ELEKTOR ELECTRONtCS JANUARY THE COMPLETE PREAMPLIFIER (I) mK1 (Record selec!) Cireui! diagram 01!he busboardELEKTOR ELECTRONICS JANUARY .. Audio dSP for diY applications – Home | Elektor elektor 49 Review: Elektor (febrero )Devices & Hardware. Revista Española Elektor 8 (Enero ) by elmar_quiceno. Elmar Duque Quiceno · Elektor 9 (Febrero ).pdf. Uploaded by. Elmar Duque Quiceno · Elektor 3. Uploaded by. Elmar Duque UControl 08 (Año 3-En ).pdf. Uploaded by. Infra-red becomes betterunderstoodIn , the Austrian physicist JosefGENERALINTEREST14 Elektor Electronics /Light that.

Author: Dour Nikogul
Country: Samoa
Language: English (Spanish)
Genre: Photos
Published (Last): 16 February 2015
Pages: 121
PDF File Size: 9.8 Mb
ePub File Size: 11.59 Mb
ISBN: 315-4-70919-296-8
Downloads: 96894
Price: Free* [*Free Regsitration Required]
Uploader: Fer

Home Documents Elektor Us Post on Feb 34 views. Infra-red is radiation ofthe second kind, noticeable by its heatingeffect. All three types share four characteristics. To begin with they can be transmittedthrough space; secondly they can berefracted; thirdly they can be reflected andfinally they are obstructed by a black surface. This last explains for example why thephotographic plate is a negative.

William HerschelIn the astronomer William Herschelspaper An investigation of the powers of prismaticcolours to heat and illuminate objects outlined hisdiscovery of Infra-red radiation. He had beenconducting an experiment to discover theheating power of different parts of the spec-trum. He had begun by passing sunlight througha prism with thermometers set up on thetable beyond the red end of the spectrum, 1his aim being to determine if some of thecolours in his spectrum gave out more heatthan others.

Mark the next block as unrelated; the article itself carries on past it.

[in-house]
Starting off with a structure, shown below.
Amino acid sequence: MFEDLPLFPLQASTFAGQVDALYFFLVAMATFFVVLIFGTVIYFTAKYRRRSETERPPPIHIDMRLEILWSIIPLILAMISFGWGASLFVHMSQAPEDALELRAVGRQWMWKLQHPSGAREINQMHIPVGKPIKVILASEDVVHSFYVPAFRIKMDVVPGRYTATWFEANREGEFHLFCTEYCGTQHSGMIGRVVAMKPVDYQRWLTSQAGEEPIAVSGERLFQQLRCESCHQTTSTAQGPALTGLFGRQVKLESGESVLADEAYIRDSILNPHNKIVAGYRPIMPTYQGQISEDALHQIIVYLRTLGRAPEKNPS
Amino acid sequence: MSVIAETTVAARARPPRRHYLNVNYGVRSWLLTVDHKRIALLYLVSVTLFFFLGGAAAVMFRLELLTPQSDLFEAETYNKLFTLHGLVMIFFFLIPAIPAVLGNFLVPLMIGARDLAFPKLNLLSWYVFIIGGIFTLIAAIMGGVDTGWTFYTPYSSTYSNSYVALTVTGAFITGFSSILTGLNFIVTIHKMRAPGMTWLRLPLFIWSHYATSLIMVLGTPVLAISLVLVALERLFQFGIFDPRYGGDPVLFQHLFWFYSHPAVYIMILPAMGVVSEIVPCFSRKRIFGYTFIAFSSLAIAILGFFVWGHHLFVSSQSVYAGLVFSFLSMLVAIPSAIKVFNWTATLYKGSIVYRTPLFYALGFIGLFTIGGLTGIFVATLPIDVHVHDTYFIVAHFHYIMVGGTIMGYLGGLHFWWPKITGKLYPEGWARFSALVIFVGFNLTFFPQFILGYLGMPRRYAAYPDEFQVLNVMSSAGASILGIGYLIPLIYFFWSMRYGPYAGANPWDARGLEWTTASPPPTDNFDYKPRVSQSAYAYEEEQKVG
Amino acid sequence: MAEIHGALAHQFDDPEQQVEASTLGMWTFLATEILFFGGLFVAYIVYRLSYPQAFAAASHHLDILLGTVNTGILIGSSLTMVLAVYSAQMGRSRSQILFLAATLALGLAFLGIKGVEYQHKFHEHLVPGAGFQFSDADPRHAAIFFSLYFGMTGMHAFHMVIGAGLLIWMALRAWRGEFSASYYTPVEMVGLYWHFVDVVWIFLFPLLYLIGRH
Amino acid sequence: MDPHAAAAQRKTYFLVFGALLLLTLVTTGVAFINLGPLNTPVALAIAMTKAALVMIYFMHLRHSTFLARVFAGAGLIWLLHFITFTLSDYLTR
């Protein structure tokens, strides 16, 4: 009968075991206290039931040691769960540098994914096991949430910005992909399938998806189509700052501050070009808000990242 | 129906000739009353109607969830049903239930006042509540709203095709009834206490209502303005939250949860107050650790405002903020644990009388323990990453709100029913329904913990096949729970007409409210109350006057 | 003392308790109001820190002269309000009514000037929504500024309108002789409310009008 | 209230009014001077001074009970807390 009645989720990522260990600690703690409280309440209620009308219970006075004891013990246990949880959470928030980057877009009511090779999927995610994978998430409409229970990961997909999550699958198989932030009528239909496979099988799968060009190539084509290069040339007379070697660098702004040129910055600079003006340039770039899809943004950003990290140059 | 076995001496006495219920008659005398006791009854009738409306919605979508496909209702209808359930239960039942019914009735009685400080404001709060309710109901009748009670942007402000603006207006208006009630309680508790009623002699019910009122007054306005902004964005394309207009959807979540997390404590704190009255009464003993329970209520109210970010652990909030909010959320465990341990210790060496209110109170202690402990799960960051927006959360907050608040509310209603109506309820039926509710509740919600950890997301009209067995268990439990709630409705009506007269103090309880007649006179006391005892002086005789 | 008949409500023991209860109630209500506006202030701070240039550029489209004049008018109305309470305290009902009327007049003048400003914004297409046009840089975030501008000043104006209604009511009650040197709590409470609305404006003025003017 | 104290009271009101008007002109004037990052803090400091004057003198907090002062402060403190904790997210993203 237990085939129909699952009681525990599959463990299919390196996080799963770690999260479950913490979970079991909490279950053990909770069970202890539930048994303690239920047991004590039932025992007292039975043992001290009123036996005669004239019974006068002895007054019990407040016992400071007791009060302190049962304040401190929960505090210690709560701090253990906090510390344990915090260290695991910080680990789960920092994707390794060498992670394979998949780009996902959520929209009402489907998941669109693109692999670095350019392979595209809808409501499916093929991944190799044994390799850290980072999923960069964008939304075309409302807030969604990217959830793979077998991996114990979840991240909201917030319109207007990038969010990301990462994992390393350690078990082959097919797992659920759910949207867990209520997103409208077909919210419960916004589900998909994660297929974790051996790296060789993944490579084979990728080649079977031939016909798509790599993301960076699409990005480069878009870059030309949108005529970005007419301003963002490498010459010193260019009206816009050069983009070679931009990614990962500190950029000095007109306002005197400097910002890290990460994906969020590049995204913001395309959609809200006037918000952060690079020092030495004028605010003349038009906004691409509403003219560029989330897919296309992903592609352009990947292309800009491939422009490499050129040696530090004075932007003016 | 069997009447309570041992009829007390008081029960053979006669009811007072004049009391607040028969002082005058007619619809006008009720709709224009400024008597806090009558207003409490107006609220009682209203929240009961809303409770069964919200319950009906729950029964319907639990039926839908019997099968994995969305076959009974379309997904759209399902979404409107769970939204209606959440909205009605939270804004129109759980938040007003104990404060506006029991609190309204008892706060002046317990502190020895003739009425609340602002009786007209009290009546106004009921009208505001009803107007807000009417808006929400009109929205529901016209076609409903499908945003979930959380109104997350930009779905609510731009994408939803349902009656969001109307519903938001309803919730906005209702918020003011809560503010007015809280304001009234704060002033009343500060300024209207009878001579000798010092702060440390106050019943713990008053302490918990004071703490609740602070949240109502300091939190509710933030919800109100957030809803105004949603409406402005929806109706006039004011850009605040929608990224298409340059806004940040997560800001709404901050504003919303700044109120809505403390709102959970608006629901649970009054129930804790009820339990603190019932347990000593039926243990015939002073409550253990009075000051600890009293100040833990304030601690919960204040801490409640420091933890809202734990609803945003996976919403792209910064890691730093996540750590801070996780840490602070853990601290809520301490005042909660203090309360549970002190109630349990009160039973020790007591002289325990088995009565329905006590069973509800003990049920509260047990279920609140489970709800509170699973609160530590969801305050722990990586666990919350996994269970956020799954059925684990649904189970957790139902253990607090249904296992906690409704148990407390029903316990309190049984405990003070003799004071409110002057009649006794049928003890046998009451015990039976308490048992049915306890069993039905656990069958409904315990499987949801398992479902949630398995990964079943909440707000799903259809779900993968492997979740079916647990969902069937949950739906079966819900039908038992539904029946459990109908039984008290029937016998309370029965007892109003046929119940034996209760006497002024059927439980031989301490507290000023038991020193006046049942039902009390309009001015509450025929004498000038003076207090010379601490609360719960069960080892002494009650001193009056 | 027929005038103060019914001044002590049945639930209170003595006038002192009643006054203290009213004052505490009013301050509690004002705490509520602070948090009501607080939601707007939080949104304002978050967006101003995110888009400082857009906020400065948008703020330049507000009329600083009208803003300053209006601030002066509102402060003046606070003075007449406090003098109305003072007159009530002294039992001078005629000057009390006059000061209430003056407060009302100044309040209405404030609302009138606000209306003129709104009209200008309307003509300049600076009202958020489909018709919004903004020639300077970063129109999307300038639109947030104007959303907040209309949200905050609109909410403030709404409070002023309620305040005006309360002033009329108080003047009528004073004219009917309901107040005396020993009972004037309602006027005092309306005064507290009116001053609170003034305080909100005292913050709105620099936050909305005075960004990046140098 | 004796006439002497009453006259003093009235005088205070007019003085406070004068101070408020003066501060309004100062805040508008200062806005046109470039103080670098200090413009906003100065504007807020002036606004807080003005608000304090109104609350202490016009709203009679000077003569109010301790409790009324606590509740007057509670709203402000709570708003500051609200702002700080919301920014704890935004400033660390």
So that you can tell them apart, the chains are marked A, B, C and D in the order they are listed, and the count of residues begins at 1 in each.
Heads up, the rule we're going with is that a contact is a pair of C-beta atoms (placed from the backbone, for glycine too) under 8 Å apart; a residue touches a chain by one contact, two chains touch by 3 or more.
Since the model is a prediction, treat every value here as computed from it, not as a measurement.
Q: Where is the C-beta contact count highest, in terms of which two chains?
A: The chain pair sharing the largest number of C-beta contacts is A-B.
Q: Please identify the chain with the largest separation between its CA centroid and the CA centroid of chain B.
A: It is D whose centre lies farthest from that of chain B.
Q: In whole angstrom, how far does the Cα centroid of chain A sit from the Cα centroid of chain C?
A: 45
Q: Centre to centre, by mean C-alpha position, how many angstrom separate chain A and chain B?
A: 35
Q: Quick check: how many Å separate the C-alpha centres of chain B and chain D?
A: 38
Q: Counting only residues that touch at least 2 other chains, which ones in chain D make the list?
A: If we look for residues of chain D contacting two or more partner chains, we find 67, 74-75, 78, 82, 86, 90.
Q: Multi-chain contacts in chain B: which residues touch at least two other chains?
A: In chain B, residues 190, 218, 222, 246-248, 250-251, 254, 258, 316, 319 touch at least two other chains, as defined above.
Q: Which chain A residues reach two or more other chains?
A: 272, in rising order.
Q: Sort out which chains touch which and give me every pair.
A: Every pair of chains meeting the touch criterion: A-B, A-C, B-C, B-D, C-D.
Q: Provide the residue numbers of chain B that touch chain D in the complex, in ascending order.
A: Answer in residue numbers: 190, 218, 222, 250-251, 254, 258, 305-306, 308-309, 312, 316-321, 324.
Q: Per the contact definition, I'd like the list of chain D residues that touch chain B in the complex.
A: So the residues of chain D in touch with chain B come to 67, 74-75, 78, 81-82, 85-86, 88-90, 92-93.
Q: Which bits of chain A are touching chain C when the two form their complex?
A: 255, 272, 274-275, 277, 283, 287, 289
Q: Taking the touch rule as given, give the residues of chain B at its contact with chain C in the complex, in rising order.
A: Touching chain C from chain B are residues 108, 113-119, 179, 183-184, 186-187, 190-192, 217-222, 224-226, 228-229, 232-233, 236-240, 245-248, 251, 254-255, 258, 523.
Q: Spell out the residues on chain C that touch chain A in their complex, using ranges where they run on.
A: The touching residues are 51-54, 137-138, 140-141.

His apparatus is illustrated inFigure 1. As he moved towards the red end of theelectromagnetic spectrum, he noted that histhermometers registered a rise in tempera-ture. Herschel then moved the thermometerpast the red end of the spectrum so as to notewhere, exactly, the heating effect disap-peared. However, exactly the reverse happened,the temperature rising higher still.

Conse-quently the region came to be known as theInfra-red, or Beyond the red, Infra being the Latinword for below.

Simply because red light con-tains less energy than any other form of visi-ble light and, in terms of energy content, is atthe bottom rung. Infra-red, having even lessenergy, is below 20010. Infra-red wavelengthsThe infra-red wavelengths extendfrom ffbrero limit of the visible spec-trum, known as the Near Region, tothe shortest microwaves, or the FarRegion, as illustrated in Figure 2.

Formerly, light wavelengths weremeasured in ngstrom units, afterthe Swedish physicist andastronomer Anders Jns ngstrom,a pioneer of spectroscopy.

Figure 2 illustrates the wave-lengths of the various colours in thelight spectrum in both ngstromunits and nano-metres where onenmetre is equal to fbrero whichhave largely superseded them.

Redlight is refracted fberero least; orange,yellow, green and blue are refractedin increasing amounts whilst violetis the colour refracted to the great-est extent.